It is "absurd and shameful" that a statue of Winston Churchill has had to be boarded up because of fears it could be vandalised, the prime minister says, APA reports citing BBC.
Boris Johnson said the war-time leader had expressed opinions which were "unacceptable to us today" but remained a hero for saving the country from "fascist and racist tyranny".
Protesters daubed "was a racist" on the monument last weekend.
Labour said the PM should "show leadership" by addressing the nation.
Shadow home secretary Nick Thomas-Symonds told the BBC he wanted to hear that Mr Johnson "understands the deep hurt and anger that black people in our country feel".
In a series of tweets, Mr Johnson said monuments like Churchill's were put up by previous generations as he urged people to "stay away" from demonstrations amid the coronavirus pandemic.
"We cannot try to edit or censor our past," he wrote of moves to remove tributes to historical figures. "We cannot pretend to have a different history."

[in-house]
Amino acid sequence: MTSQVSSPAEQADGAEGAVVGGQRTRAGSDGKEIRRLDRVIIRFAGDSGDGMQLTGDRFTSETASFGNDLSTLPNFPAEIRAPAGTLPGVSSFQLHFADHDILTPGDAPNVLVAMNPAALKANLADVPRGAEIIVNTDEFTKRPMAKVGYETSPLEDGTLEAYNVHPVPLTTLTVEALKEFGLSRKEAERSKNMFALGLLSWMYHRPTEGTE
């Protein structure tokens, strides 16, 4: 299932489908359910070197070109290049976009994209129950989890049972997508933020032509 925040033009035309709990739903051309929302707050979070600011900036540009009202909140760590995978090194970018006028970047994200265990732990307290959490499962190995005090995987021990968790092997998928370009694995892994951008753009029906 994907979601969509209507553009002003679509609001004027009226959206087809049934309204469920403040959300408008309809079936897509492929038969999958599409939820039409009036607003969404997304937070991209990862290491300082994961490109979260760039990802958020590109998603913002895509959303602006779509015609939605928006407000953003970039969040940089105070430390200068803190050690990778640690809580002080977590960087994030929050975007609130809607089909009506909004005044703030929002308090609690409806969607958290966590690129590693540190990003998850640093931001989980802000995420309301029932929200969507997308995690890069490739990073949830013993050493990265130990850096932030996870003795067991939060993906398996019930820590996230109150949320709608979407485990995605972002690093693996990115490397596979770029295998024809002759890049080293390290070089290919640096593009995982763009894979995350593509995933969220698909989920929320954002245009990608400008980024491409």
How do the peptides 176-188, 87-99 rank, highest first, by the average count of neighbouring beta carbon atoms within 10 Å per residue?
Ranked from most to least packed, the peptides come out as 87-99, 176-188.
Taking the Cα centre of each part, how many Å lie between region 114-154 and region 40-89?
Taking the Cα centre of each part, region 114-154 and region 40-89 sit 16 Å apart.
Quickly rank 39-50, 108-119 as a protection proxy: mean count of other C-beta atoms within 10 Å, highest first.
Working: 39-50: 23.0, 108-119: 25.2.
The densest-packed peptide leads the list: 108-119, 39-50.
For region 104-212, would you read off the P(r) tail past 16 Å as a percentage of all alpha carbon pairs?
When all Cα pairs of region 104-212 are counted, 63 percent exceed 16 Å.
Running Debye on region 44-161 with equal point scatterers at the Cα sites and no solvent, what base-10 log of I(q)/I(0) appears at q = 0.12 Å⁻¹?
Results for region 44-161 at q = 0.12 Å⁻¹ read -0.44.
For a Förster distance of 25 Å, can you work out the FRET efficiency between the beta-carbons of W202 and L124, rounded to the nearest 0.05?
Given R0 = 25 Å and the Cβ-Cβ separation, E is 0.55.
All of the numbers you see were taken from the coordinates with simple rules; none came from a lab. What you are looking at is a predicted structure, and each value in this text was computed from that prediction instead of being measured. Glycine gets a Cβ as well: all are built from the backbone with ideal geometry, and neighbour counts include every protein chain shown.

The statue in London's Parliament Square was boxed up ahead of a Friday evening Black Lives Matter protest in Westminster.
A demonstration planned for Saturday was brought forward by a day because of fears there could be violent clashes with far-right groups.
Leaders of the march urged those in attendance to keep the demonstration "peaceful" and not to join any anti-racism rallies planned for the weekend.
Hundreds of campaigners surrounded Nelson's Column in Trafalgar Square by 17:00 BST after walking from Hyde Park, as around two dozen police officers watched on.
Other monuments have been removed ahead of separate protests planned over the weekend, while the Cenotaph war memorial, in nearby Whitehall, has also been covered.
In Poole, Dorset, a statue of Scouts movement founder Robert Baden-Powell is to be cladded instead of removed.